The hell Aussie kids are living in

Written By komlim puldel on Kamis, 16 April 2015 | 20.01

Not good enough ... the conditions in an out-of-home care facility. Picture: Supplied Source: Supplied

MATTRESSES on dirty floors, locked and almost empty kitchen cupboards — these are the shocking living conditions for children in the out-of-home care system.

The Australian Childhood Trauma Group told a parliamentary committee on Thursday of the treatment many children experience even after they are removed from at-risk family environments.

With the out-of-home care system likely to be discussed at Friday's Council of Australian Government's meeting in Canberra in the wake of the Chloe Valentine inquest, the Senate Community Affairs Committee examined the issue at a public hearing.

Disgrace ... a dirty mattress serves as child's bed. Source: Supplied

Chief Executive of the Australian Childhood Trauma Group Gregory Nicolau tabled photographs of the conditions he said many children in residential care are subject to.

RENDEZVIEW: 'I could have been Chloe Valentine'

Mr Nicolau said while there were many good examples within the care system, a significant number of residential placements were of very poor standards.

Locked out ... children in care are denied access to food cupboards. Source: Supplied

"There are mattresses on the floor and holes and marks on the walls," Mr Nicolau said.

"Children in the care services are forced to go and ask the workers if they can unlock cupboards when they want to access food.

"The workers often wear lanyards that clearly say that they are staff and they often go and lock themselves in their offices away from the children.

"When a child has already come from a traumatic family environment this is not the kind of caring environment that will help them on their journey."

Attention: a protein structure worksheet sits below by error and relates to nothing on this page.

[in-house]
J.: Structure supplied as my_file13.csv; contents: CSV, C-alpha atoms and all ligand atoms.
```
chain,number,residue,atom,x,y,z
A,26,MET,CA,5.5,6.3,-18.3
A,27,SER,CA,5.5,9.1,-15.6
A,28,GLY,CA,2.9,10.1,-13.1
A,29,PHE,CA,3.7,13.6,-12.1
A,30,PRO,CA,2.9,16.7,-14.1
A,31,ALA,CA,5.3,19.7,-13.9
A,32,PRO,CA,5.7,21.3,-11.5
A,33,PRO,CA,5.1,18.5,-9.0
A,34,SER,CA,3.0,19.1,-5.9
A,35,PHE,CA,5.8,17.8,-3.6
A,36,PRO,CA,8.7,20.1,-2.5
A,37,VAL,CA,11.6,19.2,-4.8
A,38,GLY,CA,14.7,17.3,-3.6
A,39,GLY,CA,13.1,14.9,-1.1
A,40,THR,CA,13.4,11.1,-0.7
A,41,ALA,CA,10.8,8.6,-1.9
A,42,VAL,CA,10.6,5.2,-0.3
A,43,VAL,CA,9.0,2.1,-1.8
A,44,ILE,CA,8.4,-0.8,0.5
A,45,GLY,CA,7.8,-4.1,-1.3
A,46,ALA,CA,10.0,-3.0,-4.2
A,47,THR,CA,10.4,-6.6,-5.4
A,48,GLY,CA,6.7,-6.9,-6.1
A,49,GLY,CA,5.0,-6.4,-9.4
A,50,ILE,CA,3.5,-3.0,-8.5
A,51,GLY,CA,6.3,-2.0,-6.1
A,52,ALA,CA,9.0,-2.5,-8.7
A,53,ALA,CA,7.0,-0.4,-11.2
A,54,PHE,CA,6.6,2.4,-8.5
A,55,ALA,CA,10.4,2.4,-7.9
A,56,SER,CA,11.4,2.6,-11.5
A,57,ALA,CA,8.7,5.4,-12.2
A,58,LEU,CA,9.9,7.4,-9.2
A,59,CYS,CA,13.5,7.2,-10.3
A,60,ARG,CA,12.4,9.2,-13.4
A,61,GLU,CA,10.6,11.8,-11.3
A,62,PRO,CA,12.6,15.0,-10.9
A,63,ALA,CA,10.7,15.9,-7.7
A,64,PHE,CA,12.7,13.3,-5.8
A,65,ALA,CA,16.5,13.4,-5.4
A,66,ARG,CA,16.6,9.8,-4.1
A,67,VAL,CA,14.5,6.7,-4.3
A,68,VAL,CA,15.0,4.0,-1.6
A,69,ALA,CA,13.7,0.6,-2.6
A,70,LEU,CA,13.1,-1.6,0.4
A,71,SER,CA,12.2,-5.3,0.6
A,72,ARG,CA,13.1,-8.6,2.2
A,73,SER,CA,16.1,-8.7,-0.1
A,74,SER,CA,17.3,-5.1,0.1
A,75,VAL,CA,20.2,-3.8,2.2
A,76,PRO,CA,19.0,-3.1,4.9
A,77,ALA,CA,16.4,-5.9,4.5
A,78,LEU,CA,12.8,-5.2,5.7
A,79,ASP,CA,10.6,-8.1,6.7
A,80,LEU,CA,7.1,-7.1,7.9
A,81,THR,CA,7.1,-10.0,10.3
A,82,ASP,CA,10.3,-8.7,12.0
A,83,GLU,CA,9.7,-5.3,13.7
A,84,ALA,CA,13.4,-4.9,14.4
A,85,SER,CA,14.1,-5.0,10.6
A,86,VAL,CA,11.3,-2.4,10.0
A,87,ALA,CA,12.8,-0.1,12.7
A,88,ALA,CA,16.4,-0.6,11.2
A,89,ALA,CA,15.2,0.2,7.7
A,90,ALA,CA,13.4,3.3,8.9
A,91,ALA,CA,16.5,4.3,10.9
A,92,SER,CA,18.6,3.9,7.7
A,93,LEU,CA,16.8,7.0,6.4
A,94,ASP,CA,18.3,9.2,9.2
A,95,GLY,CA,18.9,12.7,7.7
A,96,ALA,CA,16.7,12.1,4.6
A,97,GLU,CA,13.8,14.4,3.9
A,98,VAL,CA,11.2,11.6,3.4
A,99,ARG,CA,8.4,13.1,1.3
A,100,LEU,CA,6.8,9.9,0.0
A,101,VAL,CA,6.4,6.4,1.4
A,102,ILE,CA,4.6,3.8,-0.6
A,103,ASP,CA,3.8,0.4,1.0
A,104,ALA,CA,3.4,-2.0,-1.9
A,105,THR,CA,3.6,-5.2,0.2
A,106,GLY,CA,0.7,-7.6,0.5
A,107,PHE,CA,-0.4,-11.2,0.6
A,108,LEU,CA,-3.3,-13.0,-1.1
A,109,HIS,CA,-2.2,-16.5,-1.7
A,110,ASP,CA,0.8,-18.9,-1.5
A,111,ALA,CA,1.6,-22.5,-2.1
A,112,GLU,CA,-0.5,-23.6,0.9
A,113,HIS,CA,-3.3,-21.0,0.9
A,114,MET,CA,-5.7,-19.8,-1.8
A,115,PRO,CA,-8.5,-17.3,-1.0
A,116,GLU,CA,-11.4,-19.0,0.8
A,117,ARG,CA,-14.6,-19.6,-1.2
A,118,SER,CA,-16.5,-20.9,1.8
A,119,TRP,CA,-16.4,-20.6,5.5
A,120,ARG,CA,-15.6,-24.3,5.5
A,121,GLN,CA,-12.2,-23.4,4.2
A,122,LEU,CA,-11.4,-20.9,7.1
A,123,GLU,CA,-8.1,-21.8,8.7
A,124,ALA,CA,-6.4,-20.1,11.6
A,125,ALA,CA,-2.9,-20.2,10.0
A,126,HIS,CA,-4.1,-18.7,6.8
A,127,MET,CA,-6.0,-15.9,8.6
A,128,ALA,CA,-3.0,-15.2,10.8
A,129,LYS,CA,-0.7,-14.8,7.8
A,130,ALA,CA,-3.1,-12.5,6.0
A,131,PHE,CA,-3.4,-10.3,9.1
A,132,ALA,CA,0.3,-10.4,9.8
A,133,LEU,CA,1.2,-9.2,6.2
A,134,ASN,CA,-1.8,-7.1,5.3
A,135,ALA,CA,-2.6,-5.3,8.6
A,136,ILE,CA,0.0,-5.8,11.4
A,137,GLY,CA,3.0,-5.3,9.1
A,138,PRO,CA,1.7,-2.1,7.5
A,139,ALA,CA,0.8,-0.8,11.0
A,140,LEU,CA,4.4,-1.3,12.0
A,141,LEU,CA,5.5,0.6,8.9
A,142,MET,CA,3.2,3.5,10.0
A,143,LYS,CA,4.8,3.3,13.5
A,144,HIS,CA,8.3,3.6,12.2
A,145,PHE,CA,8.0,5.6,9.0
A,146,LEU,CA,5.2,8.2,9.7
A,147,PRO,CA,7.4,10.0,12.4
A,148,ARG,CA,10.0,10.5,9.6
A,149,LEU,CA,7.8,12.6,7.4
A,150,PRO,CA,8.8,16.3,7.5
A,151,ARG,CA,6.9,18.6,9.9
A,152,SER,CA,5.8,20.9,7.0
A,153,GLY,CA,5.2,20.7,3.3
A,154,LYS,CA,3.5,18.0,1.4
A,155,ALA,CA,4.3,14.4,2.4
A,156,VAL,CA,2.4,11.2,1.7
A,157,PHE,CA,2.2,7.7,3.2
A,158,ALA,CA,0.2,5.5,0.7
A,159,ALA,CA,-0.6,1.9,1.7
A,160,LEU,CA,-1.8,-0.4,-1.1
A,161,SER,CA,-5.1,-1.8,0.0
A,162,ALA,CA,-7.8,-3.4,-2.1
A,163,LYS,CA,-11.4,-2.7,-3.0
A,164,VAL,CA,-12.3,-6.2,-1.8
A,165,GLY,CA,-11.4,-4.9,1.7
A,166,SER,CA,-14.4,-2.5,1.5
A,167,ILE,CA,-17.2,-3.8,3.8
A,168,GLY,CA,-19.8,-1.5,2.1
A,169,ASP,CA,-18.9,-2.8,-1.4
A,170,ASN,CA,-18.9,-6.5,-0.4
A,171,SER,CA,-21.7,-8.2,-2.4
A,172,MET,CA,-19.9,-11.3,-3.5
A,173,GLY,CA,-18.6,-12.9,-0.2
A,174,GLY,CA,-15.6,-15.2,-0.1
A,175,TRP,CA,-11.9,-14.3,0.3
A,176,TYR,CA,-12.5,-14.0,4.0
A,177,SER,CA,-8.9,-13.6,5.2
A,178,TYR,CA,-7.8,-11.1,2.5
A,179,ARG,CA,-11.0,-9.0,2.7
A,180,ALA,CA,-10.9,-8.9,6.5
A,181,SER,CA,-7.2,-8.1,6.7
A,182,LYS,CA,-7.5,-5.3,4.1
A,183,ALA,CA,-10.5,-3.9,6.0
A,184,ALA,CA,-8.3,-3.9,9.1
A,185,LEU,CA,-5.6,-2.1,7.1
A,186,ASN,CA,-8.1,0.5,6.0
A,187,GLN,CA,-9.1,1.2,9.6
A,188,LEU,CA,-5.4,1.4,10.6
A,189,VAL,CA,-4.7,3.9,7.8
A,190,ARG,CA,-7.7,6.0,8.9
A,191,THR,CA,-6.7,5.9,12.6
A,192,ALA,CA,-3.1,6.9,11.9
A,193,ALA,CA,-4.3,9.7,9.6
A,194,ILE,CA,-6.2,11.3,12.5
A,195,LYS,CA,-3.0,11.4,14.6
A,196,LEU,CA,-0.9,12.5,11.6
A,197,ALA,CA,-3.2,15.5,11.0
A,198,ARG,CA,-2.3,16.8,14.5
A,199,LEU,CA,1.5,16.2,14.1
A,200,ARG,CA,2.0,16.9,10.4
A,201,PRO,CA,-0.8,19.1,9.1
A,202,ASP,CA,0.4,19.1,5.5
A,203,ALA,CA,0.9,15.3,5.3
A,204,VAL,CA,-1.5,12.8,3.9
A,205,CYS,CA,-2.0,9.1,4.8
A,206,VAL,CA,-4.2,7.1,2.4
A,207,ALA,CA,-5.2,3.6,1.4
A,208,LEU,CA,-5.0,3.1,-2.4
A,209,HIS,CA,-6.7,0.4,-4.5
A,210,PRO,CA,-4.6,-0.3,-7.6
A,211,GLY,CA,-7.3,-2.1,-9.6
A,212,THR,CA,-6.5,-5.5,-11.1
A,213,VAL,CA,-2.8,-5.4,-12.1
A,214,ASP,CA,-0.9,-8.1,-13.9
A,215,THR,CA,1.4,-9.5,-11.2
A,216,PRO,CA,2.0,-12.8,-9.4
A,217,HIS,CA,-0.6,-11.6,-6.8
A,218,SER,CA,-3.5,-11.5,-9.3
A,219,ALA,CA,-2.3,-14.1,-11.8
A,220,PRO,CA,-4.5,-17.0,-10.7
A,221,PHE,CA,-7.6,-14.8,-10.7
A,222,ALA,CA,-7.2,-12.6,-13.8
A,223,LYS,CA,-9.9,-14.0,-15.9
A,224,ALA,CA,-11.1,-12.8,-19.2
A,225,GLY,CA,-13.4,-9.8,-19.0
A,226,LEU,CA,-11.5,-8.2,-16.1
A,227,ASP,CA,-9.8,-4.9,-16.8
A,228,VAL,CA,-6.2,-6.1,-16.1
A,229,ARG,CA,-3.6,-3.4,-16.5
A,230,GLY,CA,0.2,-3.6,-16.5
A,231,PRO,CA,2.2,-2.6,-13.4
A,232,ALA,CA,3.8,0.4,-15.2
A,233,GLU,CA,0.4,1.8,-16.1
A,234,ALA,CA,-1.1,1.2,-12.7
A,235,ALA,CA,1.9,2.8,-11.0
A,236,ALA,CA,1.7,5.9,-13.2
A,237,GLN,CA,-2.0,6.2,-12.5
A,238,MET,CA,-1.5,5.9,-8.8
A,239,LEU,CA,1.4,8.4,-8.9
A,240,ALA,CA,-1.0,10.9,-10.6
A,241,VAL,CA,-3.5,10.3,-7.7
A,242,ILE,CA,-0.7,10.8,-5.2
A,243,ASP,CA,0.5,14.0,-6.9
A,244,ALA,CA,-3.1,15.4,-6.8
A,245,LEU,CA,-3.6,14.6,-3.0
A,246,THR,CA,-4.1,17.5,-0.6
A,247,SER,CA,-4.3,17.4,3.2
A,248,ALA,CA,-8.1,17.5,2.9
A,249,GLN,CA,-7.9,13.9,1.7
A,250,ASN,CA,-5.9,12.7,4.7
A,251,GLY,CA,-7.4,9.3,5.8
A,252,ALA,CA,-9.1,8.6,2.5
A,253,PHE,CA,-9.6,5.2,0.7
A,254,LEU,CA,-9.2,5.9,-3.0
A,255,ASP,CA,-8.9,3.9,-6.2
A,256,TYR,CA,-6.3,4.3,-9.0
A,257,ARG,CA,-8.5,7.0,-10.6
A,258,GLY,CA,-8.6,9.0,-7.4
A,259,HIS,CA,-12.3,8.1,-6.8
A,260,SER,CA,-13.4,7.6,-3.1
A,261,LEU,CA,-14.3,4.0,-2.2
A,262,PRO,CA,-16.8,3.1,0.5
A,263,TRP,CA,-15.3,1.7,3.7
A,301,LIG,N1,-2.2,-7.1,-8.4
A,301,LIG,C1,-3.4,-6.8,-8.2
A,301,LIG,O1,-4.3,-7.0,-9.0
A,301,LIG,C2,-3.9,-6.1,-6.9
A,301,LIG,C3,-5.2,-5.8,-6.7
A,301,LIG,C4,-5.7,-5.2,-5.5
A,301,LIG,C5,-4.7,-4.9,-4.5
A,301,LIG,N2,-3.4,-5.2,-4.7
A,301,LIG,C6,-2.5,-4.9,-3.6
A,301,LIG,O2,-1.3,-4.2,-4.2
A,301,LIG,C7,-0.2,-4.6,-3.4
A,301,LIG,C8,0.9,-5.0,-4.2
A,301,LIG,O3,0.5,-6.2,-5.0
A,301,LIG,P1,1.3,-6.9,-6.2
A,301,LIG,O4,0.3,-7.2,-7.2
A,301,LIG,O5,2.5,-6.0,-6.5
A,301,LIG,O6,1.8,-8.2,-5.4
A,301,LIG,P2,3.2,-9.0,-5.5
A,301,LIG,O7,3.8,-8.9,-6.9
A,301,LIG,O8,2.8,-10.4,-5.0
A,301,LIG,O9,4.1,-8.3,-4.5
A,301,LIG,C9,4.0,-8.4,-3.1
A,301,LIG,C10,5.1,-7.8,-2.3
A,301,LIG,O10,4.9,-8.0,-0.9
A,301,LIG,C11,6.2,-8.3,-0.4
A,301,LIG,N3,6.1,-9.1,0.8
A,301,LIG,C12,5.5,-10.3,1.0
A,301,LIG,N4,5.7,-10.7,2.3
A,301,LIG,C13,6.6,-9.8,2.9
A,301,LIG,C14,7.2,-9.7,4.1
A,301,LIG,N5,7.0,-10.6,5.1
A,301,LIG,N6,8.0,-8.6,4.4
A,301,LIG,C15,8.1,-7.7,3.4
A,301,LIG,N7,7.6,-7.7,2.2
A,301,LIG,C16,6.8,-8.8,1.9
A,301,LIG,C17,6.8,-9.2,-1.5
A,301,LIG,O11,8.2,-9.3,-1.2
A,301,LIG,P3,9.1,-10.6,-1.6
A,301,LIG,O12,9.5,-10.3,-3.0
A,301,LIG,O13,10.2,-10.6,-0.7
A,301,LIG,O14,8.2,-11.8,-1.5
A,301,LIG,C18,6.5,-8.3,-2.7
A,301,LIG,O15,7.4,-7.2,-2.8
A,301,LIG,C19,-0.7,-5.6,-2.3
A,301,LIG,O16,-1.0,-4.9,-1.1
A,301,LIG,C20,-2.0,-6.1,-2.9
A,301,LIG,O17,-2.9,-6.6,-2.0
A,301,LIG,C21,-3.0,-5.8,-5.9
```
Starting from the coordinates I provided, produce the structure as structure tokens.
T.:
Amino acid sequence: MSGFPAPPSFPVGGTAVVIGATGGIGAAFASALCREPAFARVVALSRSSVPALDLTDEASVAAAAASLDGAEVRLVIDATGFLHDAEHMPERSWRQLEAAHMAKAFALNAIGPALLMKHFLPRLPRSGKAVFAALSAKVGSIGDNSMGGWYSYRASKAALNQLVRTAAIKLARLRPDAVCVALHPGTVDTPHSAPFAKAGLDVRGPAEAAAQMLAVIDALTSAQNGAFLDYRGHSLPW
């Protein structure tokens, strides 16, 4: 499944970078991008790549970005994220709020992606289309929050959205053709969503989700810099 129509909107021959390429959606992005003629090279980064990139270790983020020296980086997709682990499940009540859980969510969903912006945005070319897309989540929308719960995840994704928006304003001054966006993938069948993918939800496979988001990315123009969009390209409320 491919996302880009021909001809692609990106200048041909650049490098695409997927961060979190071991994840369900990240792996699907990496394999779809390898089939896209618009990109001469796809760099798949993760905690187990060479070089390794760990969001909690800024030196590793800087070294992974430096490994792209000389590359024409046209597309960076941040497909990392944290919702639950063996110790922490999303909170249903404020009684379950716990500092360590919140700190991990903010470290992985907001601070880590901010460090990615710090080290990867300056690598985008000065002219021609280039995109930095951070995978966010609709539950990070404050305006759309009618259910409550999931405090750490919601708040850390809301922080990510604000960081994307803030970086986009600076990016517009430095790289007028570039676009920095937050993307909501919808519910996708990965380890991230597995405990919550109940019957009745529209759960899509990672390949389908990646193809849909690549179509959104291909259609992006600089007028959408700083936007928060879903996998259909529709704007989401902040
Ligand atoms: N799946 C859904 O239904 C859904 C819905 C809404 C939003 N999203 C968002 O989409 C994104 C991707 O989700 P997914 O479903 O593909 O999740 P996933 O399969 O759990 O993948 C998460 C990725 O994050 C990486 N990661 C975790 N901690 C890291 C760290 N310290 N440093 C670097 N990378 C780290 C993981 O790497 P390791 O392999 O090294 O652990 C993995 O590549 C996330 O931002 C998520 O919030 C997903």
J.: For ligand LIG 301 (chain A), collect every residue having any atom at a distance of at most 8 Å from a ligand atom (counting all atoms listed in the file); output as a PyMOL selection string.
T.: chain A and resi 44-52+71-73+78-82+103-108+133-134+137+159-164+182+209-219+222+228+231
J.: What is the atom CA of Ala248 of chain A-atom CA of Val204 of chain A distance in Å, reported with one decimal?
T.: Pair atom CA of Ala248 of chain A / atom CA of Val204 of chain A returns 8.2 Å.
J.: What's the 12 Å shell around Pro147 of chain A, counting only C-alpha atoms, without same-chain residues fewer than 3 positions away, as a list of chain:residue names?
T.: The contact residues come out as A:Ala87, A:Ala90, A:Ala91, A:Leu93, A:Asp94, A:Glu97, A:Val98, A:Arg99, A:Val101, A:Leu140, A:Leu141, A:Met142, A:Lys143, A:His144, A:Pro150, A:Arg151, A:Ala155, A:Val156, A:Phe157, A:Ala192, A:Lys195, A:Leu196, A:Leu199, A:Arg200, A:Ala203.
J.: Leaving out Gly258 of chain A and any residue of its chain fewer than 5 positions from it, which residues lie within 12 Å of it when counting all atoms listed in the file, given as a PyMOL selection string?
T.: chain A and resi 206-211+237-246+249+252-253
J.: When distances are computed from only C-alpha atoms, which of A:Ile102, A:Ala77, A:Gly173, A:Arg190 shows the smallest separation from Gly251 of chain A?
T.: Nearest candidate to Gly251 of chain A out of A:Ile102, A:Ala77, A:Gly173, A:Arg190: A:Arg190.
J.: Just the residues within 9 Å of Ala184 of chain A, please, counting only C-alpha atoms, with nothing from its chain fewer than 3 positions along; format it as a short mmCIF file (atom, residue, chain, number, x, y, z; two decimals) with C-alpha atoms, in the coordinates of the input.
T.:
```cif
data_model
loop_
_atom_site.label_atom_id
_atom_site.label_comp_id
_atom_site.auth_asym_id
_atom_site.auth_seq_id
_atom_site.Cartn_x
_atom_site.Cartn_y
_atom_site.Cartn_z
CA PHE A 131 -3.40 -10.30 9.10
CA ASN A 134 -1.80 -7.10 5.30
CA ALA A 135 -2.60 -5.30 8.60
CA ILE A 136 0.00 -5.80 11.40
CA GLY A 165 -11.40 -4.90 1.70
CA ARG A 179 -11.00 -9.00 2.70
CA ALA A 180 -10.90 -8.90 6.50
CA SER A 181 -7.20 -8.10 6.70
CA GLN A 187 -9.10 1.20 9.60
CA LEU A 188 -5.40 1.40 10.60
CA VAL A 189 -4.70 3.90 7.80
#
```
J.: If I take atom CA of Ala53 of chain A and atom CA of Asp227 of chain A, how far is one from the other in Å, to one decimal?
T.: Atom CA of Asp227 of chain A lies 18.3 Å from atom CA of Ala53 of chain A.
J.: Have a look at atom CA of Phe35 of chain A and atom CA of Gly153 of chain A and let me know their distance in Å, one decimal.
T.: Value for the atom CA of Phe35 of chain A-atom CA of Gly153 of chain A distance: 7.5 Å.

The pictures Mr Nicolau tabled were taken in residential placements both last year and this year.

Shabby ... the lounge room of a home care facility for traumatised children. Source: Supplied

He said the conditions were standard in residential homes nationwide.

Mr Nicolau also said there was very little if any trauma support for children who had been removed from their families and placed into out-of-home care which created even more turmoil for those in the system.

He detailed the example of a nine-year-old girl who had suffered sexual abuse and was removed from her family, only to be dumped in a residential home where she was left in a room on her own.

Tragic case ... Chloe Valentine, with her grandmother, died of neglect while in the care of her mother Ashley Polkinghorne and her partner Ben McPartland Source: Supplied

Mr Nicolau said there needed to be an urgent Royal Commission into the care system to develop a framework that would provide vulnerable children with the right care needs.

"Placing more children in care is not the answer. Stopping children from coming into care in the first place is," he said.

"A Royal Commission will shine a light on this, as has been the case with the Royal Commission into Institutional Responses to Child Sexual Abuse.

Chair of the committee, Greens Senator Rachel Siewert, said the images tabled by Mr Nicolau were "pretty confronting".

"It certainly doesn't inspire confidence that kids are getting the best support that they need in these situations," Senator Siewert said.

Liberal Senator Zed Seselja said the evidence presented by Mr Nicolau was "disturbing".

"It speaks to the fact the system is broken," he said.

"The system should prioritise putting kids in a safe, stable and loving environment."

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